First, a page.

In compliance with a new law, U.S. Citizenship and Immigration Services has changed its rules to give children born overseas to U.S. military families and civil servants immediate American citizenship.
The changes adopted by USCIS on Sept. 18 will, in a small number of cases, allow military families and civil servants to avoid a laborious and potentially costly application process to get citizenship for their children, according to Sen. Tammy Duckworth, D-Ill., a sponsor of the new law passed by Congress and signed by President Donald Trump.
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The new law scraps rules put in place by USCIS in August 2019 that caused widespread confusion for military families.
The August 2019 rules still gave citizenship in the vast majority of cases, but said that it was not automatic for children born overseas if the parents adopted them while serving abroad; the parents became U.S. citizens after their children were born; or the parents were American citizens but had never lived in the U.S.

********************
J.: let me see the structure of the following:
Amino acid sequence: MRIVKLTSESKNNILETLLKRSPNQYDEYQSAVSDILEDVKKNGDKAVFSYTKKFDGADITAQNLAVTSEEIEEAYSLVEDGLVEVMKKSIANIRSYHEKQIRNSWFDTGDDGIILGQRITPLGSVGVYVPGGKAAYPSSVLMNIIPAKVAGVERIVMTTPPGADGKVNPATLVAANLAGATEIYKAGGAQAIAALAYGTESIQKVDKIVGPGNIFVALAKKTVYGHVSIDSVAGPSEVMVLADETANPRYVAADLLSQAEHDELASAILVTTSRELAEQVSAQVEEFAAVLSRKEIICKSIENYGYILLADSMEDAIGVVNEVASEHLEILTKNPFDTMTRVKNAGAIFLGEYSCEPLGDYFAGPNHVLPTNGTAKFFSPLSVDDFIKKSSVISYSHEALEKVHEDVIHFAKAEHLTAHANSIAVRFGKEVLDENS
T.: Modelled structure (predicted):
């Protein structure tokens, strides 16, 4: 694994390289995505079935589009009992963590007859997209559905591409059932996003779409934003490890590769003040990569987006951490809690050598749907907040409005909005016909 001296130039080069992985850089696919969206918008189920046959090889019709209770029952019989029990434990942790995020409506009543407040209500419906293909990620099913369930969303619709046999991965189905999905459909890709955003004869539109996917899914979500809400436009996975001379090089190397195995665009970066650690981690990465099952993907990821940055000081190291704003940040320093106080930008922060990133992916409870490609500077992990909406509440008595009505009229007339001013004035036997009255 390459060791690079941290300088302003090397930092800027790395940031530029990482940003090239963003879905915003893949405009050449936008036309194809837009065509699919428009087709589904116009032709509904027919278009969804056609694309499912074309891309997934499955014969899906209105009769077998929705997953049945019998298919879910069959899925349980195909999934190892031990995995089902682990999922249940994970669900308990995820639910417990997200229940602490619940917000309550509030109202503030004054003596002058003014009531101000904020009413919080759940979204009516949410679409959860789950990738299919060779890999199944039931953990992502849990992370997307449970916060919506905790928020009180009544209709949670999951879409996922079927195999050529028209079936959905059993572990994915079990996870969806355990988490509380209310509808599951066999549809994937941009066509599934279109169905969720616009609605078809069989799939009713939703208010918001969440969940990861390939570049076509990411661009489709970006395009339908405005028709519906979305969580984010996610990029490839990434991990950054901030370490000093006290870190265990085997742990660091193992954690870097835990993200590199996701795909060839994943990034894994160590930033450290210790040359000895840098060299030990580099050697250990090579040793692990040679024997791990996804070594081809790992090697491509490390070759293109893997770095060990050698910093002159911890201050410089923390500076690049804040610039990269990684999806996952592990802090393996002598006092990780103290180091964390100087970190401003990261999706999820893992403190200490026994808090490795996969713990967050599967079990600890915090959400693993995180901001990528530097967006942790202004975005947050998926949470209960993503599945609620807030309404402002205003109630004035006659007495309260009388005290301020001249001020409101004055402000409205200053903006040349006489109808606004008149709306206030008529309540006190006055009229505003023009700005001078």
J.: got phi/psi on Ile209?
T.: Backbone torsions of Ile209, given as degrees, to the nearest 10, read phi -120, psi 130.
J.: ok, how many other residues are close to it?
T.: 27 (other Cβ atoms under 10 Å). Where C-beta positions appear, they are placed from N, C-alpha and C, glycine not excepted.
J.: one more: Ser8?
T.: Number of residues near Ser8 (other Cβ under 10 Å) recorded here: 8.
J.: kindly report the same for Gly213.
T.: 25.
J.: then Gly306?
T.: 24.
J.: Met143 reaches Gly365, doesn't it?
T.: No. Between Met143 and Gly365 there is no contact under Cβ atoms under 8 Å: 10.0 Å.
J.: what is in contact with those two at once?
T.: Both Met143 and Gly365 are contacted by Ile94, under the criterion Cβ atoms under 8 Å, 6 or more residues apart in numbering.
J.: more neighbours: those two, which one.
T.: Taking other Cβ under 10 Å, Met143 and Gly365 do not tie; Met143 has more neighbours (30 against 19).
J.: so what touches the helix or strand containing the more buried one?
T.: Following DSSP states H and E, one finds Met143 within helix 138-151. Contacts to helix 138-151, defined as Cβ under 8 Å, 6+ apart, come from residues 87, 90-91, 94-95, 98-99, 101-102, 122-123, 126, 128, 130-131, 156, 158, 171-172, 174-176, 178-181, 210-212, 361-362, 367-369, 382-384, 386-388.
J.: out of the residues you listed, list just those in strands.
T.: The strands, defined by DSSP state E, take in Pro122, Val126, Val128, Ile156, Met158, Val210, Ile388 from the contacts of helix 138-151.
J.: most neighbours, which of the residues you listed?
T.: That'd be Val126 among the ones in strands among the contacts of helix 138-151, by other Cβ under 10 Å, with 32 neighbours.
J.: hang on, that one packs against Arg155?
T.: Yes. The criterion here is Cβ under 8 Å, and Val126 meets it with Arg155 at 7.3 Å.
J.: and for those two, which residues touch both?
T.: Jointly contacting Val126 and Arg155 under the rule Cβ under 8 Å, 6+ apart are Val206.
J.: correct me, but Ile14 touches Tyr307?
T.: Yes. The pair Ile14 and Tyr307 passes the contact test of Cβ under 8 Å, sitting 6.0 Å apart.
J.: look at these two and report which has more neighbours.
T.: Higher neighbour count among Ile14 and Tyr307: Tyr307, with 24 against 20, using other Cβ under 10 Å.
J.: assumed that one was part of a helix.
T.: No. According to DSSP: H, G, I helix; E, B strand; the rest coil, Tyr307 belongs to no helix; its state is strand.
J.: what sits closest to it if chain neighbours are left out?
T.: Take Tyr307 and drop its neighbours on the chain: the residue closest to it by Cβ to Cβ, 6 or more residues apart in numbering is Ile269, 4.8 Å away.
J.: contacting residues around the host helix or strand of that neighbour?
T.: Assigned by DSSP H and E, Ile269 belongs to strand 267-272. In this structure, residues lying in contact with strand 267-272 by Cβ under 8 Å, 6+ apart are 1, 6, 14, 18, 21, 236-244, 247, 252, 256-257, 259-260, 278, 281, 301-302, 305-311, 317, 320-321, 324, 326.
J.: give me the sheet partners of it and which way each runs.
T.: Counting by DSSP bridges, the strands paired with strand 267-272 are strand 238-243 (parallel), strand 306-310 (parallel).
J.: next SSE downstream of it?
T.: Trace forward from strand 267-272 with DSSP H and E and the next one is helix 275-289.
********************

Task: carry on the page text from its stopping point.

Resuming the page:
In a statement, Duckworth said the new law will make sure that children born while stationed abroad, as well as stepchildren and adopted children, will automatically acquire U.S. citizenship.
In addition, service members and civil servants who were subject to the old rules can now avoid application fees that can amount to $1,000 or more to gain citizenship for the children, she said.
“Children of Americans serving their nation abroad are just as worthy of automatic citizenship as any other children,” Duckworth said. “Forcing military families to jump through bureaucratic hoops and spend hundreds of dollars applying for citizenship on behalf of their children was not right.”
The new USCIS rules can be seen here.
— Richard Sisk can be reached at [email protected].
Related: New Citizenship Policy to Affect Roughly 25 Military Children Per Year, Officials Say
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